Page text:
The biggest number of traffickers are Nigerians and of recent Ugandans who have been recruited into the trade.

A highly placed security source told The Independent that drugs,human trafficking and terrorism fall under the same docket of organised crime but because terrorism poses a greater threat, all energies have been concentrated on fighting terrorism.

The battle on drugs is fought using lighter means which the drug traffickers can easily beat.

Despite Entebbe airport having one of the strongest security apparatus including scanners, drug traffickers still beat the security mainly because the airport has scanners that detect metal and not organic material like drugs.

Unlike the developed world which has scanners that separate organic material from metallic material through colour separation, Uganda still uses the old method of sniffer dogs which sometimes get tired and give drug traffickers an opportunity to sneak through.

A scanner that can scan organic material, according to a security procurement source, costs Shs1billion. This is way too much at the moment when the country is fighting terror threats, the source says.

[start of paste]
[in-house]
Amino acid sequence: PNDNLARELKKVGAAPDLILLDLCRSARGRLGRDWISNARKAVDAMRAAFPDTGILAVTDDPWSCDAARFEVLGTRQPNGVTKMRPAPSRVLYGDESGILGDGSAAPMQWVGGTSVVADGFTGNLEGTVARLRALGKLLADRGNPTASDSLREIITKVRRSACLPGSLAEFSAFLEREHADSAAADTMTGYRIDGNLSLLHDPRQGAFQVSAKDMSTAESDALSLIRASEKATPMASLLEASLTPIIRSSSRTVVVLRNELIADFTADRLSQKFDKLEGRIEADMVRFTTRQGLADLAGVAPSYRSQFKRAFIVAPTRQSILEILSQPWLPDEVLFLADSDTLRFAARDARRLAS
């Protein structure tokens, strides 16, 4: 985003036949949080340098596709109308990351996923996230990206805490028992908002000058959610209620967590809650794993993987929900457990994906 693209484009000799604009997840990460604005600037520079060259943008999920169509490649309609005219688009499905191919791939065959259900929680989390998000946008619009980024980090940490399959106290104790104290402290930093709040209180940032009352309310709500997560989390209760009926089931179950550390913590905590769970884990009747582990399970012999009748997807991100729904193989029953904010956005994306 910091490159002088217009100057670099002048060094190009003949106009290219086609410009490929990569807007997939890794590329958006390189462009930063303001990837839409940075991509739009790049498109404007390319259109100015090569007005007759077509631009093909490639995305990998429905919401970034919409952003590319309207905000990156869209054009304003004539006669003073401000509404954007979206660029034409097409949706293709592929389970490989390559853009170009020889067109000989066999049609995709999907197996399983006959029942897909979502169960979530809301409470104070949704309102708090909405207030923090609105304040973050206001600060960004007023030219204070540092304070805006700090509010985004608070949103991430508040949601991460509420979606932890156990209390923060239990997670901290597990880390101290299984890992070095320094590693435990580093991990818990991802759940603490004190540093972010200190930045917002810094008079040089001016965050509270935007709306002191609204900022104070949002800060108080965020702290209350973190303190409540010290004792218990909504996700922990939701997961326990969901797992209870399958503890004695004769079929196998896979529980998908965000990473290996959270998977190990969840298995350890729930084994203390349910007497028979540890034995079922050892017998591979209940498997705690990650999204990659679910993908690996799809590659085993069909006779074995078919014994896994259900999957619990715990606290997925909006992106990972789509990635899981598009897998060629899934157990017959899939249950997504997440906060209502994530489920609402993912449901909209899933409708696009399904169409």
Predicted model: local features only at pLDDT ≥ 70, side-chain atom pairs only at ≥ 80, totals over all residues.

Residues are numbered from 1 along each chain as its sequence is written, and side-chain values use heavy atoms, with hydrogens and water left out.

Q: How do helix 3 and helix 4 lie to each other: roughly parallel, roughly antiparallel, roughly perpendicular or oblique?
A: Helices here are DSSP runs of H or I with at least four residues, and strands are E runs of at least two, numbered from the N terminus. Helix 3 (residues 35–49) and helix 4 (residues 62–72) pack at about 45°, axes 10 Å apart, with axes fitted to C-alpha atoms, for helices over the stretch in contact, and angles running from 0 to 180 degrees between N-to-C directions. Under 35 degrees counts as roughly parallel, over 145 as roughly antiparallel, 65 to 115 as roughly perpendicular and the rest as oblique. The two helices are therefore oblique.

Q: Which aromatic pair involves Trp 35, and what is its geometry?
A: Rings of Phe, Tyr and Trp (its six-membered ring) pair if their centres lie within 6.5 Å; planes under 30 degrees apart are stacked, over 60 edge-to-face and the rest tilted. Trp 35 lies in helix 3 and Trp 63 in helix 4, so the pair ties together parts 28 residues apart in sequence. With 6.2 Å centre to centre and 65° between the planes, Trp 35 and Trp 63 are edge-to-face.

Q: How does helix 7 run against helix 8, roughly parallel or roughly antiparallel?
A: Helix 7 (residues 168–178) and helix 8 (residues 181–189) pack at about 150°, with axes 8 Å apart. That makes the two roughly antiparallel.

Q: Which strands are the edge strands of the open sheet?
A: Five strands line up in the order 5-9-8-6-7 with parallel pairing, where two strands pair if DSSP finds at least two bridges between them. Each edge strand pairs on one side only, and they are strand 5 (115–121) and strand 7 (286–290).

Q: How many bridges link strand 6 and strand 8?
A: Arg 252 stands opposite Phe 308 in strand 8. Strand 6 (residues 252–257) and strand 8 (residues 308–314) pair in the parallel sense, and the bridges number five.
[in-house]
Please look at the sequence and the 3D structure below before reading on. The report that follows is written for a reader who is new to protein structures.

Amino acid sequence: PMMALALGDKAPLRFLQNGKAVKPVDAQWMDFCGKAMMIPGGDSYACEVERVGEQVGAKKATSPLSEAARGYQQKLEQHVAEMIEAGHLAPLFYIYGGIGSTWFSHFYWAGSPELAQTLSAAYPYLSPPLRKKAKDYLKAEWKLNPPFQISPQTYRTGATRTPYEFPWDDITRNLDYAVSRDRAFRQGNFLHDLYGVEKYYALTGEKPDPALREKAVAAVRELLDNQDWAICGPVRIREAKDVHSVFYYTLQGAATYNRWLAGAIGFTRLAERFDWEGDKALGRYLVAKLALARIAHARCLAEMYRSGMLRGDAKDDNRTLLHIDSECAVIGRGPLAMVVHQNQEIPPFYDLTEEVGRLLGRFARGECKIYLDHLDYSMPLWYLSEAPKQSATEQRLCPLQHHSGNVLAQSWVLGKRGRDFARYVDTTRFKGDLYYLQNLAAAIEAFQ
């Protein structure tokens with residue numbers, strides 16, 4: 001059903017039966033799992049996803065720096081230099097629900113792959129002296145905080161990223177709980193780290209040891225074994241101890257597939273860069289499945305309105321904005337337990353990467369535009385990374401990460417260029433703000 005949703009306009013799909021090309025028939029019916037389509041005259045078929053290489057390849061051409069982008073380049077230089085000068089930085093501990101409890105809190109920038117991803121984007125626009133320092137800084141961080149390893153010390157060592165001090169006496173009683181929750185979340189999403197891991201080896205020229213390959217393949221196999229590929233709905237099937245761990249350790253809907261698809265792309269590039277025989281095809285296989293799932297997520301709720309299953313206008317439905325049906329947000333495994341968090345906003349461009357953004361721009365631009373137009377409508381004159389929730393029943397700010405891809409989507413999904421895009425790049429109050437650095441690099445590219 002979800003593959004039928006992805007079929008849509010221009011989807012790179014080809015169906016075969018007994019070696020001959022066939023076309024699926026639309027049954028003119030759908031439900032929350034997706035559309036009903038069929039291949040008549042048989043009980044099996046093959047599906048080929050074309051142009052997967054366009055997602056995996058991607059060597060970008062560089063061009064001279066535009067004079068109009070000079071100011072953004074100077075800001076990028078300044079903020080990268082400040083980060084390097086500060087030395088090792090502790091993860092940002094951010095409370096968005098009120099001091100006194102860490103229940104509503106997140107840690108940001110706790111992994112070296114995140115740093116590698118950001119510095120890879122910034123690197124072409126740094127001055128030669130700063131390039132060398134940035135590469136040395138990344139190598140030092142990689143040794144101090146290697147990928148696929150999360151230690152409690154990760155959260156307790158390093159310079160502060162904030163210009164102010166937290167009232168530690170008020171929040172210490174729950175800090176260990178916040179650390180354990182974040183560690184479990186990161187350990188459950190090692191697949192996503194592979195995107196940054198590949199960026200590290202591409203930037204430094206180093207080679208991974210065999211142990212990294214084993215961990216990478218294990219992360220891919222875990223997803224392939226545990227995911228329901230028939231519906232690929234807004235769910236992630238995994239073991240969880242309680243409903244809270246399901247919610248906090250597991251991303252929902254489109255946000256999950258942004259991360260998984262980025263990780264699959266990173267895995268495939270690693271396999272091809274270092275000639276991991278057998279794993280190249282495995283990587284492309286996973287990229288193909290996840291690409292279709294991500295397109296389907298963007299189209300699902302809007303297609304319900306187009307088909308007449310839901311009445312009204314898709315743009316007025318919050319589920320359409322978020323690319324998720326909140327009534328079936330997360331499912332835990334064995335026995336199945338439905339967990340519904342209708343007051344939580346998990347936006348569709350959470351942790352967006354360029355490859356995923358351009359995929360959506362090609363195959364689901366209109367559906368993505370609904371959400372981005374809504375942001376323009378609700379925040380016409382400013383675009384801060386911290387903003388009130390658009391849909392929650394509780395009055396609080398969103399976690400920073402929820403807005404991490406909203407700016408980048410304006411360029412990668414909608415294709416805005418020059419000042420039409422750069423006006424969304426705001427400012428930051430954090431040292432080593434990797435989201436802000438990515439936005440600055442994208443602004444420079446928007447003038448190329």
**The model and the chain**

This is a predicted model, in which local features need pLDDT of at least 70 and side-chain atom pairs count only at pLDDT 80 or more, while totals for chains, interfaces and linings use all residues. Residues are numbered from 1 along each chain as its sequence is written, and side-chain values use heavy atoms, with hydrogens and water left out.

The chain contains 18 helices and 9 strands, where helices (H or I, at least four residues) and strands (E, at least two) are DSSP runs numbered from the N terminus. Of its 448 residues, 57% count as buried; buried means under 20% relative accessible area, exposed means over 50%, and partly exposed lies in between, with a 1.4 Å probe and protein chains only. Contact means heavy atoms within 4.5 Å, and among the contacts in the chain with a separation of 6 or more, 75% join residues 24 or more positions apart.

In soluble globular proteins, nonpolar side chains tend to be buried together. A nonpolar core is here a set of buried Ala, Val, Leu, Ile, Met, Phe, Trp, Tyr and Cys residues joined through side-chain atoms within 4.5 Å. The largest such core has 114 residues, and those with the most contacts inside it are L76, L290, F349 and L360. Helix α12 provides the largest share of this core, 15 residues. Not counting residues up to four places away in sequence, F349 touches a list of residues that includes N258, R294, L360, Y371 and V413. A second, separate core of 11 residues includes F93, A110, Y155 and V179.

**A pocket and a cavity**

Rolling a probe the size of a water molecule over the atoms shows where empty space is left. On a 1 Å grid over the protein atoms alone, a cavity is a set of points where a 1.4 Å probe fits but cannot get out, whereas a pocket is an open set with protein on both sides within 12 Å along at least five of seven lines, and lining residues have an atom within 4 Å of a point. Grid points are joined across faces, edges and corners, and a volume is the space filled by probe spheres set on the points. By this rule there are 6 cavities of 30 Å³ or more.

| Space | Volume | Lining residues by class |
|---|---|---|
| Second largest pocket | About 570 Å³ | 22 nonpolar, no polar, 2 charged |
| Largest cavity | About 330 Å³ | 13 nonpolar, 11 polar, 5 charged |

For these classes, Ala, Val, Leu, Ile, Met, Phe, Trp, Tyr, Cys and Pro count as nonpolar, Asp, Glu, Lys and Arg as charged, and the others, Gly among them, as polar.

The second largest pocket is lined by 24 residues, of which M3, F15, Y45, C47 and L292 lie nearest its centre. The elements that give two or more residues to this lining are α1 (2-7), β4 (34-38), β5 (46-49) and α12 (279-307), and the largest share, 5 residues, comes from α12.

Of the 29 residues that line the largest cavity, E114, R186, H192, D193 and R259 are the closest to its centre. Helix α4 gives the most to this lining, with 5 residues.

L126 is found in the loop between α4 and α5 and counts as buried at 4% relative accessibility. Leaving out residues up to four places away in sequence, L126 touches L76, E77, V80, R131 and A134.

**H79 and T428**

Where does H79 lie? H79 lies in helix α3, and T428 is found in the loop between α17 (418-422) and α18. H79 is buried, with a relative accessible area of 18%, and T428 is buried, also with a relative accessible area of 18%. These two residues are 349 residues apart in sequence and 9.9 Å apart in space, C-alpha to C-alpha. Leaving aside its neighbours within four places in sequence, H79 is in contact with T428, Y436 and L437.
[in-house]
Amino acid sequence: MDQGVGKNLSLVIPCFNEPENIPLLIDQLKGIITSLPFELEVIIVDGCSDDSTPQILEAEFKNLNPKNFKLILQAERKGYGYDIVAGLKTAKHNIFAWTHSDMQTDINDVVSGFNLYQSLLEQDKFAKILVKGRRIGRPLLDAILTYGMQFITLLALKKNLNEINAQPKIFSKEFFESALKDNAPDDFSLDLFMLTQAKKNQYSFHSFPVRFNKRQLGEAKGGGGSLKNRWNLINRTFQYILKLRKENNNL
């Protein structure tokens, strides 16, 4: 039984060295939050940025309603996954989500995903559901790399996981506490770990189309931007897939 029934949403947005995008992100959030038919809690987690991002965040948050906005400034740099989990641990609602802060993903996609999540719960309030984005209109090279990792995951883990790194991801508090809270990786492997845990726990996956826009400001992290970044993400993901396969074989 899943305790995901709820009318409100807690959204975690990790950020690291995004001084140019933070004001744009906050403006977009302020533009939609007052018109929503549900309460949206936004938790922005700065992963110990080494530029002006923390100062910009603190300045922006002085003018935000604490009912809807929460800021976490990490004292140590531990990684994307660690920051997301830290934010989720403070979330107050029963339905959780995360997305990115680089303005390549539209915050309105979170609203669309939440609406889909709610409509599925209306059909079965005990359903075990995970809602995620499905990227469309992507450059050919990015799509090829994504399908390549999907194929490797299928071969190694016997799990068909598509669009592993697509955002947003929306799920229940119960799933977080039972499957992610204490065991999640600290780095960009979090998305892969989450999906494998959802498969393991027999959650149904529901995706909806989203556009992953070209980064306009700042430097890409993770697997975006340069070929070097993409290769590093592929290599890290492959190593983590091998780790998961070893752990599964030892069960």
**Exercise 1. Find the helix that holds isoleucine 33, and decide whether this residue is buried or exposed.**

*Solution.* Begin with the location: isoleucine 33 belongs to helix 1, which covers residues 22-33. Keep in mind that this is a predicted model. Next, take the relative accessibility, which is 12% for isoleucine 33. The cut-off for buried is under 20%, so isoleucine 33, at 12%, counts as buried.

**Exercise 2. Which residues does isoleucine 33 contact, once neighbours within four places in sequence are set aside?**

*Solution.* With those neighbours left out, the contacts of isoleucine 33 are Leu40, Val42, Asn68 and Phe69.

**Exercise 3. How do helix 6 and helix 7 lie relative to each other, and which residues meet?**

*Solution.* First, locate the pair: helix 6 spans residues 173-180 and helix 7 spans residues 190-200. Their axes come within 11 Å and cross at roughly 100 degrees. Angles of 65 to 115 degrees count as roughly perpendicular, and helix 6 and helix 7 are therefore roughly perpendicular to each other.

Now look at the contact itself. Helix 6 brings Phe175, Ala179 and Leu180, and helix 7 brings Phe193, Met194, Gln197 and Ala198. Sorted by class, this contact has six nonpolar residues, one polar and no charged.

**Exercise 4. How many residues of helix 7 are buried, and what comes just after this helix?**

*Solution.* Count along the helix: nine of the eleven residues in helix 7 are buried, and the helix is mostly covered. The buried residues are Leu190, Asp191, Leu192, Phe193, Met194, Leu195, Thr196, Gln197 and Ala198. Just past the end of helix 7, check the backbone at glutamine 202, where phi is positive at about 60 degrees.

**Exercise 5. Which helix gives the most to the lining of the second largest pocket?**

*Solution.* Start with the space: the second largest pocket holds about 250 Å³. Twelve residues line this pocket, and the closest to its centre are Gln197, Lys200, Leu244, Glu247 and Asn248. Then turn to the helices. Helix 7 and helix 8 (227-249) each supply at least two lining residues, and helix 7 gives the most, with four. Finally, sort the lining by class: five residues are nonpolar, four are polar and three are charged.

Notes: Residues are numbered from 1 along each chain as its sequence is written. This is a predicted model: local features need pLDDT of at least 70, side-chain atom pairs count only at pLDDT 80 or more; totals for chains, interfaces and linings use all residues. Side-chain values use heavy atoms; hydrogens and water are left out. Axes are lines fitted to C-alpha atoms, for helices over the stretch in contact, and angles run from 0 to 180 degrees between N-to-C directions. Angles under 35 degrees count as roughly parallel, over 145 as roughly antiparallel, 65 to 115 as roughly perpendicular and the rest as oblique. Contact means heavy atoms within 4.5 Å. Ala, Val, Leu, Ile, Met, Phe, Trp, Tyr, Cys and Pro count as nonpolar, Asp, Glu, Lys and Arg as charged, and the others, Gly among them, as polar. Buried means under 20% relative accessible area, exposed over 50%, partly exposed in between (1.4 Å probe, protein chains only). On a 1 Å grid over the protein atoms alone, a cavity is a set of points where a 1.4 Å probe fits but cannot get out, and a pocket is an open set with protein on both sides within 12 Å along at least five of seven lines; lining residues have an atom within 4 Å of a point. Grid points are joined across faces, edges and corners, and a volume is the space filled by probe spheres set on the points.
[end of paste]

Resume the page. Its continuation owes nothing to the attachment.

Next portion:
Drug traffickers use many ways to conceal drugs; including sealing them in portraits, stuffing them in food stuffs like yams, pumpkin, pineapples and fish which are not scanned because the international food regulation doesn’t allow X-raying food stuffs. They put them in bag handles, swallow pellets, and women stuff them in their private parts.

Local drug cells known

Sources involved in the highly secretive investigations told The Independent that they have information about the traffickers.

“We know there are drug cells already in Uganda,” the sources said.

Most of the trafficked drugs are not indigenous to Uganda. The security source says the only Ugandan drug is Cannabis sativa (opium) which is widespread throughout the country.

Currently Cannabis in Uganda is largely grown in eastern Uganda in Tororo, Busia and Malaba for export to Kenya and is also grown in central region in Wakiso, Mpigi and Mityana.